I always know my life is on the up-swing when I don't have to bother with those tedious paper towel contraptions.

Look for my next post:

Why You Should Support The APADPA Act of 2010…

It's the new battlecry! A chicken in every pot and a person at every portal.

Yes, weatherization, I forgot that part! The doorpersonrobots should be weatherized. And they should all get at least 40 miles per gallon. Gallon of what? The commission can decide.

yeah, seriously, i have lived in apartments ever since i stopped living at home with my parents, and i have never had a doorman. i have no idea why anyone thinks they need one beyond maybe security value.

and buzzers are admittedly of limited use, because you can usually get into most places with buzzers or key cards just by waiting until someone authorized is about to enter, and then slipping in behind them. but in that case i don't want a doorman. i want a security guard.

@AW Again, kidding aside, a doorman is a terrific convenience. They take deliveries and screen guests, you can leave a package for someone else to pick up when you're out, leave messages for someone who will come by, etc. Anyone who works from home would find it valuable to have the services a doorman (concierge) offers. Can you live without a doorman? Sure. You can live without a car, too, but it's really convenient. That's why we tip our doormen at the holidays – they're really valuable.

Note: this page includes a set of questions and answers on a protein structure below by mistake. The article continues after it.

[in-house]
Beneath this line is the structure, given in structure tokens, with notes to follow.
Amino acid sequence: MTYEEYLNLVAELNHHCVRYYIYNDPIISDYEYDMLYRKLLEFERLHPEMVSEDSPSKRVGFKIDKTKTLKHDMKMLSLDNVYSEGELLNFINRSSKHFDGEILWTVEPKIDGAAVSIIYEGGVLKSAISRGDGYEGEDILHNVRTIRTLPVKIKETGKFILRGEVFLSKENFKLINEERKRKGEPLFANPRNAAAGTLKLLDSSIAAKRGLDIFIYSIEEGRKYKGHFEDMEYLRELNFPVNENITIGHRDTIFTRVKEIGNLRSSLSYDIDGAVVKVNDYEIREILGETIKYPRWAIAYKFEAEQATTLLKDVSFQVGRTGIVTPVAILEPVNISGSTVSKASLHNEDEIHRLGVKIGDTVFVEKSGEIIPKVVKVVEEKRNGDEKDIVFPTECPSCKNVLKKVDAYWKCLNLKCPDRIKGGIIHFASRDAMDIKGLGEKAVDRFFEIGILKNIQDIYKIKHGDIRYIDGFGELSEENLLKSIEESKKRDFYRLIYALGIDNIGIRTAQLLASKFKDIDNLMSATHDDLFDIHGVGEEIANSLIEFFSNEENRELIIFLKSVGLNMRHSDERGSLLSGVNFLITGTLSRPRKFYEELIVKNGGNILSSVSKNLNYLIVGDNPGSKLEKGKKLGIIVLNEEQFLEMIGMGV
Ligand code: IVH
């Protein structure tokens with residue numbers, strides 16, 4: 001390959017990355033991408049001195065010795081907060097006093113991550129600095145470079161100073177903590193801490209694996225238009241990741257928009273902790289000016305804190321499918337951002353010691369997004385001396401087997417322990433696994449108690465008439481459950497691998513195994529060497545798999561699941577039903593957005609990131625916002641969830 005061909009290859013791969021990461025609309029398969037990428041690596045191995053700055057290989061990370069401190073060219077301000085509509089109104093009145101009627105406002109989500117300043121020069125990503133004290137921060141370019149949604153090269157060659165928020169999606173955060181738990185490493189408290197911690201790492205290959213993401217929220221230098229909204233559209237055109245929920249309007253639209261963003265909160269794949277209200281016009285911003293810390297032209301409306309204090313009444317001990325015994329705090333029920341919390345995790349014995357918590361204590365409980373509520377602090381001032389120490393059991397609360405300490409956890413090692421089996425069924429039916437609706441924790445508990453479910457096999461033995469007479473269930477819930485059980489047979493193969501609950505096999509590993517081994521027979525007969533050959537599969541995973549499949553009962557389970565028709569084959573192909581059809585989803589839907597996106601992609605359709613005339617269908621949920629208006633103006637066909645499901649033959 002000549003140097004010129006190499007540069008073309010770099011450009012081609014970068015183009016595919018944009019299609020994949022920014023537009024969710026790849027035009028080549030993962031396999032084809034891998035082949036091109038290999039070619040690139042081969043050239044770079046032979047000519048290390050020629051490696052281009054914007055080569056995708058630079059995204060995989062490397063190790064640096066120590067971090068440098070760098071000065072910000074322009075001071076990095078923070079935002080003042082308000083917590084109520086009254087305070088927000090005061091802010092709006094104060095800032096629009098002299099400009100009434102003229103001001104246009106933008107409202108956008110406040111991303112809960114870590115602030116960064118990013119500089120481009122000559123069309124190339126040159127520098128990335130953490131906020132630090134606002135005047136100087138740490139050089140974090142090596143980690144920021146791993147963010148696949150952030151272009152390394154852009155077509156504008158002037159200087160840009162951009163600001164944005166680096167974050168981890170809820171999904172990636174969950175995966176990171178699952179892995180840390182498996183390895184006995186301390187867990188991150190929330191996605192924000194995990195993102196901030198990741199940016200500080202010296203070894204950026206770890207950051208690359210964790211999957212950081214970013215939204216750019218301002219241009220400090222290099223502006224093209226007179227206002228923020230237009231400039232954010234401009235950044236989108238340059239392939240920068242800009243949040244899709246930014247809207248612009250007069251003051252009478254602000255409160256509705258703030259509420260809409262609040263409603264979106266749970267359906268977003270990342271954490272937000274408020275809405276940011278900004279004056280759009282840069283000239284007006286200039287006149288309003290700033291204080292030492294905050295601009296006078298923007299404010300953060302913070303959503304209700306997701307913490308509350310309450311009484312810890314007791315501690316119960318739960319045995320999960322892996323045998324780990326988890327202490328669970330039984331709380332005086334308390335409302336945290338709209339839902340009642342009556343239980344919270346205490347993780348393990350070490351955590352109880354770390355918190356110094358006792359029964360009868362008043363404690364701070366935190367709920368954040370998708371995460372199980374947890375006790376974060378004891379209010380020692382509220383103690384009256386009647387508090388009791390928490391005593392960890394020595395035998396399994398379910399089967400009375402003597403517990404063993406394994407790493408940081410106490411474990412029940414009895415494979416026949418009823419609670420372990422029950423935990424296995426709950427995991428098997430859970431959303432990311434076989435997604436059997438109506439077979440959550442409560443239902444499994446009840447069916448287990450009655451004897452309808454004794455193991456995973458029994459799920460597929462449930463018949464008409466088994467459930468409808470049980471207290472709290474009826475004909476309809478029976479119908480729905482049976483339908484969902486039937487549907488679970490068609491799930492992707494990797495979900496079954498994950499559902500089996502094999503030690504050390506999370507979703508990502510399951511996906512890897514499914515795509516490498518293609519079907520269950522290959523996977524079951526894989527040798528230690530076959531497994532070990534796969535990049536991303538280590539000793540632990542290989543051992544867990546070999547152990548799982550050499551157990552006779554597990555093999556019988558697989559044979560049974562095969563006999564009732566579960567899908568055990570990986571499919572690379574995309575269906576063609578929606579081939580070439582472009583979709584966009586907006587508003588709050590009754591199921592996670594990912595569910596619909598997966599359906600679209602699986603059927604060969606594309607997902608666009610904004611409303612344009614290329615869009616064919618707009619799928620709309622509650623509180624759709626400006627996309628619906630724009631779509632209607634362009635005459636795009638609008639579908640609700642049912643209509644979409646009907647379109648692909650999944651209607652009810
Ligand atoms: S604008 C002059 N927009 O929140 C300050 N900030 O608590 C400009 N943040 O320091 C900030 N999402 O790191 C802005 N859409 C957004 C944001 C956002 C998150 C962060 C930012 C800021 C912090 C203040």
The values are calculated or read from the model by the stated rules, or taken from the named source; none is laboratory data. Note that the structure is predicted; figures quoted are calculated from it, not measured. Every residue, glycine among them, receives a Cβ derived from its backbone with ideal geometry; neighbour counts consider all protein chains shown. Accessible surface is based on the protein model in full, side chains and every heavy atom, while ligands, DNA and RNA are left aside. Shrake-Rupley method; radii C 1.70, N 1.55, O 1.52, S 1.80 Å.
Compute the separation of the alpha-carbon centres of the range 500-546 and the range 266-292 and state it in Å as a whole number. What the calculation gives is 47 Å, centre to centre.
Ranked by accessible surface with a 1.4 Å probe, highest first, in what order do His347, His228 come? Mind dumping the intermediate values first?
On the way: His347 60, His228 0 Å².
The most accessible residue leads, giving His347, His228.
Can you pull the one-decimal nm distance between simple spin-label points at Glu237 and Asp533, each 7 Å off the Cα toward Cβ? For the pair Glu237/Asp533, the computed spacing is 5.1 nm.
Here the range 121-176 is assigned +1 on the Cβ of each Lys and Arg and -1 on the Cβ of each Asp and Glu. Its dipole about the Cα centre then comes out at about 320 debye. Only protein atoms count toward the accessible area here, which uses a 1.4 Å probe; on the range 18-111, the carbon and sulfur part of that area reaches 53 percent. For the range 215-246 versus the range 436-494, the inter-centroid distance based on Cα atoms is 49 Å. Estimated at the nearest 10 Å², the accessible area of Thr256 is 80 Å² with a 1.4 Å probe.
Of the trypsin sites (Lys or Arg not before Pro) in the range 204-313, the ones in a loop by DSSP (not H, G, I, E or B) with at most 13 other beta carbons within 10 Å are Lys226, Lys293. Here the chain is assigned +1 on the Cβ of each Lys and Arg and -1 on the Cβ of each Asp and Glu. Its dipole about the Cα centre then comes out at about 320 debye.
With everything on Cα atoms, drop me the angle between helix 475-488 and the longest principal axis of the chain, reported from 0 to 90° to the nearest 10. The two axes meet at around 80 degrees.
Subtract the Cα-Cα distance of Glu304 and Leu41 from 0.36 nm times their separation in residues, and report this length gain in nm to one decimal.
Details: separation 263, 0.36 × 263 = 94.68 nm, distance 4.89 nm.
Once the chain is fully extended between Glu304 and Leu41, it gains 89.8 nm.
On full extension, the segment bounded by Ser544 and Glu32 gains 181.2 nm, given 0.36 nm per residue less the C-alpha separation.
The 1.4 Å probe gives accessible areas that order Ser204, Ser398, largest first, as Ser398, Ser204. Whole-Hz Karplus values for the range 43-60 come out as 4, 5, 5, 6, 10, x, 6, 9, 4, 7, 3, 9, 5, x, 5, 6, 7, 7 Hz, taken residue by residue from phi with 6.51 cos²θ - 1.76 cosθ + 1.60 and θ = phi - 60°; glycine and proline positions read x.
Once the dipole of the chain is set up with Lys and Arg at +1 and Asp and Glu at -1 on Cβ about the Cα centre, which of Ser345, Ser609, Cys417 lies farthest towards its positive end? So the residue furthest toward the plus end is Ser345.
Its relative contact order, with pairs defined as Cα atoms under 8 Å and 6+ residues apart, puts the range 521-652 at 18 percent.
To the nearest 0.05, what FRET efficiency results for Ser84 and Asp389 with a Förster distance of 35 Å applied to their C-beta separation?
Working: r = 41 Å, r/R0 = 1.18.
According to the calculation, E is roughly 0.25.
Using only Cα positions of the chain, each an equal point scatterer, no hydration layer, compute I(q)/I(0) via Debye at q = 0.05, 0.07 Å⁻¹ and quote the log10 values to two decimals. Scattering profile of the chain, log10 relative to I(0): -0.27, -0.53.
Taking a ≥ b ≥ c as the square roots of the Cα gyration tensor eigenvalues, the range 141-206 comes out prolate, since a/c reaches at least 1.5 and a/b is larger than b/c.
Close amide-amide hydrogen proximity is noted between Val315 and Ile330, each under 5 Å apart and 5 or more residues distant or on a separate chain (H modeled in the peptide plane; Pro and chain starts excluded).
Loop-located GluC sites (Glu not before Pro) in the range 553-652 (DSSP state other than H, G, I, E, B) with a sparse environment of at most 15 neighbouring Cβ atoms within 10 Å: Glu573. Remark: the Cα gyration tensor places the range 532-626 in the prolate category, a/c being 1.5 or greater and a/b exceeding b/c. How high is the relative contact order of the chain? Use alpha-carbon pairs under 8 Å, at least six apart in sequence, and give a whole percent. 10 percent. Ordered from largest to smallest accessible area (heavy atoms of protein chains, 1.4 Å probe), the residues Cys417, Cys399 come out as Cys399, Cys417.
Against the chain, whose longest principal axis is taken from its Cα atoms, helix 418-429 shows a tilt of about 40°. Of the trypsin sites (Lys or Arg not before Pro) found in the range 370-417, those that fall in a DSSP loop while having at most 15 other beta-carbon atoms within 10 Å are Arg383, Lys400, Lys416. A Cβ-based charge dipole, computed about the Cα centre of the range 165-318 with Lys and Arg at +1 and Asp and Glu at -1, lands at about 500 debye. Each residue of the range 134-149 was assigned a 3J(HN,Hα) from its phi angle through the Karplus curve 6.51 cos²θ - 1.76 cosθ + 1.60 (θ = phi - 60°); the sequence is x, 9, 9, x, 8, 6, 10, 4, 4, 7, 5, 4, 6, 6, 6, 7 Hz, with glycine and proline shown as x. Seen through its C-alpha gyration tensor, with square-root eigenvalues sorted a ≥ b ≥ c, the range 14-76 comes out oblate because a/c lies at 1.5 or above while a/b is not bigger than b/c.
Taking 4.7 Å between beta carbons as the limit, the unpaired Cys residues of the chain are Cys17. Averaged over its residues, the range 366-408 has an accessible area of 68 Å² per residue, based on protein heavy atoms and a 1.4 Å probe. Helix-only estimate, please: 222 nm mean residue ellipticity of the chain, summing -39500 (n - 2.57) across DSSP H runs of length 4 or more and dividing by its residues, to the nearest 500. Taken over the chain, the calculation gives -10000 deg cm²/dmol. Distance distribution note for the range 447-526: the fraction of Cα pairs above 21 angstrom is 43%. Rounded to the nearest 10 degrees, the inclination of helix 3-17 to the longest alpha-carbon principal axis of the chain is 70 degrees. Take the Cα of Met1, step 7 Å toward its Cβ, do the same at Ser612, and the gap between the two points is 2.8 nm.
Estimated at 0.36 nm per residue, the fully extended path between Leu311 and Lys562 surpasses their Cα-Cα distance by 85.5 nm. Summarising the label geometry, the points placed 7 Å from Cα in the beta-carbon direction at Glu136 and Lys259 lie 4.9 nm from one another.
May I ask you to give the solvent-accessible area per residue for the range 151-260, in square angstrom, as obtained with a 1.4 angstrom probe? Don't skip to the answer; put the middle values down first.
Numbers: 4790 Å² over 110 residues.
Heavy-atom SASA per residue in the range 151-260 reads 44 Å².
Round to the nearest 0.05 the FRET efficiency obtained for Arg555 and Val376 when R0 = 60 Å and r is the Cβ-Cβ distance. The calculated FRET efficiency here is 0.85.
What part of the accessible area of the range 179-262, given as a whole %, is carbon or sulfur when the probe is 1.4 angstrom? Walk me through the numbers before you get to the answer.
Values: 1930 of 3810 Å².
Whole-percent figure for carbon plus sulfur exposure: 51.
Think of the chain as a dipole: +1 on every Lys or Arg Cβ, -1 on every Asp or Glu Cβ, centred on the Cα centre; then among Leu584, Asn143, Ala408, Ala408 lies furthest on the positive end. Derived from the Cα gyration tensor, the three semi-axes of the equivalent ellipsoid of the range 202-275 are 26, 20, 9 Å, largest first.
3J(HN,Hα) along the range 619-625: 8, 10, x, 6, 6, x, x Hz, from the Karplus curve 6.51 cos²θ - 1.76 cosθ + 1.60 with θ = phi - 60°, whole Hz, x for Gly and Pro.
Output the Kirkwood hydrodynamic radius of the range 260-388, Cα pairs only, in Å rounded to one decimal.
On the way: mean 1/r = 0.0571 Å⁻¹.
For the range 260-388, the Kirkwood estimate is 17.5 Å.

Still, it's fun to make jokes about fancy-pants city people with doormen (like myself). If you can't make wisecracks about yourself, you're just too serious.

Last time the doormen went on strike, the jokes revolved around the question "How can you tell whether a doorman is on strike or not? What's the difference?"

And to protect these new robotic servants, we shall henceforth call them Doorcreatures. (Since Porter is racist, and Doorman is sexist, and we would not want to be specist)


Seems like most of the value you assign to the doorman is a product of the NYC crime rate.

The strike was supposed to start today, aaaannndd…got the flyer under my door this morning: it was settled. Given the union is SEIU, I wonder whose kneecaps got broken.

@aw It's not really about crime, more about convenience, crowds and congestion. I could imagine a concierge service in suburban communities that would do what a doorman does in the city. For busy people, it would be valuable, like a shared office receptionist.

I always KNEW the old sitcom Rhoda was sexist, with the "Carlton the Doorman" character… and don't even get me started on "Ralph" from The Jeffersons.

As a former Californian and current Arizonan, I've never lived anywhere requiring a doorman/doorperson, so this post and the resulting comments are fascinating. Makes me feel like a real hick, which is oddly comforting.

Also, William, thank you for your kind "Blog of the Day" mention for Frugal Cafe in today's left sidebar… it will be gone tomorrow, but I'm thoroughly enjoying it today.

Hugs and chocolates to you, dear sir. Keep fighting the good fight…